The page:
That's something I was thinking about as well (the decision, I mean). It kinda depends on the severity of the Autism/AS. Even then, if the kid says no, then let it be no. It's a complicated business and I don't have much knowledge and stuff for this sort of thing. I'm only 16, you know.


_________________
I was sad when I found that she left
But then I found
That I could speak to her,
In a way
And sadness turned to comfort
We all go there


janicka
Veteran
Veteran

User avatar

Joined: 11 Sep 2006
Gender: Female
Posts: 2,174
Location: Mountain Paradise

04 Dec 2006, 1:48 pm

Here's my take on cures... If one were to become available right this second, I probably wouldn't take it. I have too many hobbies that exist synergistically with my AS (I think), and I would be worried that I wouldn't be able to play the violin or photograph stuff (or finish my thesis, which happens to be due in 10 days). If some 16-year-old like you, KBABZ, didn't want to be cured, I would respect that.

This being said, I don't know if you can recognize how high or low functioning some 2 or 3 year old would be, and what the consequences of waiting for treatment would be. If I could cure a 2 year old that I KNOW would be non-verbal at the age of 20, I would jump at the opportunity. But what's to say that the cure would still take when he or she is 8 after it becomes obvious that life is looking pretty bleak? I don't know that there is a good answer for a dilemma like that.



KBABZ
Veteran
Veteran

User avatar

Joined: 20 Sep 2006
Age: 29
Gender: Male
Posts: 6,671
Location: Middle Earth. Er, I mean Wellywood. Wait, Wellington.

04 Dec 2006, 2:19 pm

Yeah, there are a lot of variables that can affect your decision, which makes it very complicated. It should all be left up to the person, if he/she doesn't want to be cured, then let it be so until they decide otherwise, if ever. It's a subject I'm tackling in my story, but I won't get into that. I would respect other people's decisions, and if I didn't, I'd 'force' myself to, if that makes sense. I think that in my case, it's easier for me to say no because I'm not as high up the Spectrum as others are (I scored as half Aspie, half NT on an Aspie online test), so it's a tougher decision for many others.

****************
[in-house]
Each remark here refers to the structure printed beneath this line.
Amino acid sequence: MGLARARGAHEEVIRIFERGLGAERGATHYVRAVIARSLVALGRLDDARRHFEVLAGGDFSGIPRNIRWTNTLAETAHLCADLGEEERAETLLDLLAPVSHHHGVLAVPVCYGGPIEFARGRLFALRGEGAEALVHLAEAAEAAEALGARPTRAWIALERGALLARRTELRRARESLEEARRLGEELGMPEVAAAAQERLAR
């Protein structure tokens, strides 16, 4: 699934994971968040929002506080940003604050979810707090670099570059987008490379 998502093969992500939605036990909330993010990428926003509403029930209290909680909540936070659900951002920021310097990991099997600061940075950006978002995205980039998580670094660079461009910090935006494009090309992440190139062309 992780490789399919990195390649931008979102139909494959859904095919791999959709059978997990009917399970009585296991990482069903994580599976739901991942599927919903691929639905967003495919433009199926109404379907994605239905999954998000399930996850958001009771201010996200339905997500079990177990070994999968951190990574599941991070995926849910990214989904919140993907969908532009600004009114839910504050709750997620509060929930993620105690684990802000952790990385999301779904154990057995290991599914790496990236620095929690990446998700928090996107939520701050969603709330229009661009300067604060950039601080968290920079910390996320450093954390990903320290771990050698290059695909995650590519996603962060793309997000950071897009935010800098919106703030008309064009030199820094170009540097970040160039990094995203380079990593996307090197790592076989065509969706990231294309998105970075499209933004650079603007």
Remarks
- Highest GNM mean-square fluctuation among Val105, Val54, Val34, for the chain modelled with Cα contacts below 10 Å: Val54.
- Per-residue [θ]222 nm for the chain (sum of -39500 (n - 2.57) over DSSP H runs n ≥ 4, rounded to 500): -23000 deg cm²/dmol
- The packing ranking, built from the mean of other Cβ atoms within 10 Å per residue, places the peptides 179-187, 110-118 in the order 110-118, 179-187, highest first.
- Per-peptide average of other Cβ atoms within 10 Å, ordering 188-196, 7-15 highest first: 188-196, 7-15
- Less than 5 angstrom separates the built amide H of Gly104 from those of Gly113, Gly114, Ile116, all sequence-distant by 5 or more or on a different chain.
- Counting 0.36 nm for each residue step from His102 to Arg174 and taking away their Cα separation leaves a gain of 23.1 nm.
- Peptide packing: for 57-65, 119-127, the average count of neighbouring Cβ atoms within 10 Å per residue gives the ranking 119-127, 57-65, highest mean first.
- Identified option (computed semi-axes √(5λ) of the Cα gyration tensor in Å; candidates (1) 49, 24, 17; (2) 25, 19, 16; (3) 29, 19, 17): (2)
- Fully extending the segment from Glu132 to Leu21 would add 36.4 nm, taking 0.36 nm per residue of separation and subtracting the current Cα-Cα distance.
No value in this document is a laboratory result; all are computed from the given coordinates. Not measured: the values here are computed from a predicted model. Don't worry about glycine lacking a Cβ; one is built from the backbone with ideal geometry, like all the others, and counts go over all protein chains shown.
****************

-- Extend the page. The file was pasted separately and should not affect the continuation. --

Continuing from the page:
*award for spelling my username right*


_________________
I was sad when I found that she left
But then I found
That I could speak to her,
In a way
And sadness turned to comfort
We all go there


Catalyst
Velociraptor
Velociraptor

User avatar

Joined: 23 Nov 2006
Age: 46
Gender: Male
Posts: 419
Location: Left of Center

04 Dec 2006, 3:03 pm

janicka wrote:
This being said, I don't know if you can recognize how high or low functioning some 2 or 3 year old would be, and what the consequences of waiting for treatment would be. If I could cure a 2 year old that I KNOW would be non-verbal at the age of 20, I would jump at the opportunity. But what's to say that the cure would still take when he or she is 8 after it becomes obvious that life is looking pretty bleak? I don't know that there is a good answer for a dilemma like that.


That's precisely what bugs me. This isn't curebie propoganda, this is just where we are. THere's going to be a reasonable tendency to err on the side of caution, which I don't like but can't argue with.


_________________
"And if I had the choice, I'd take the voice I got, 'cause it was hard to find..."
--Johnette Napolitano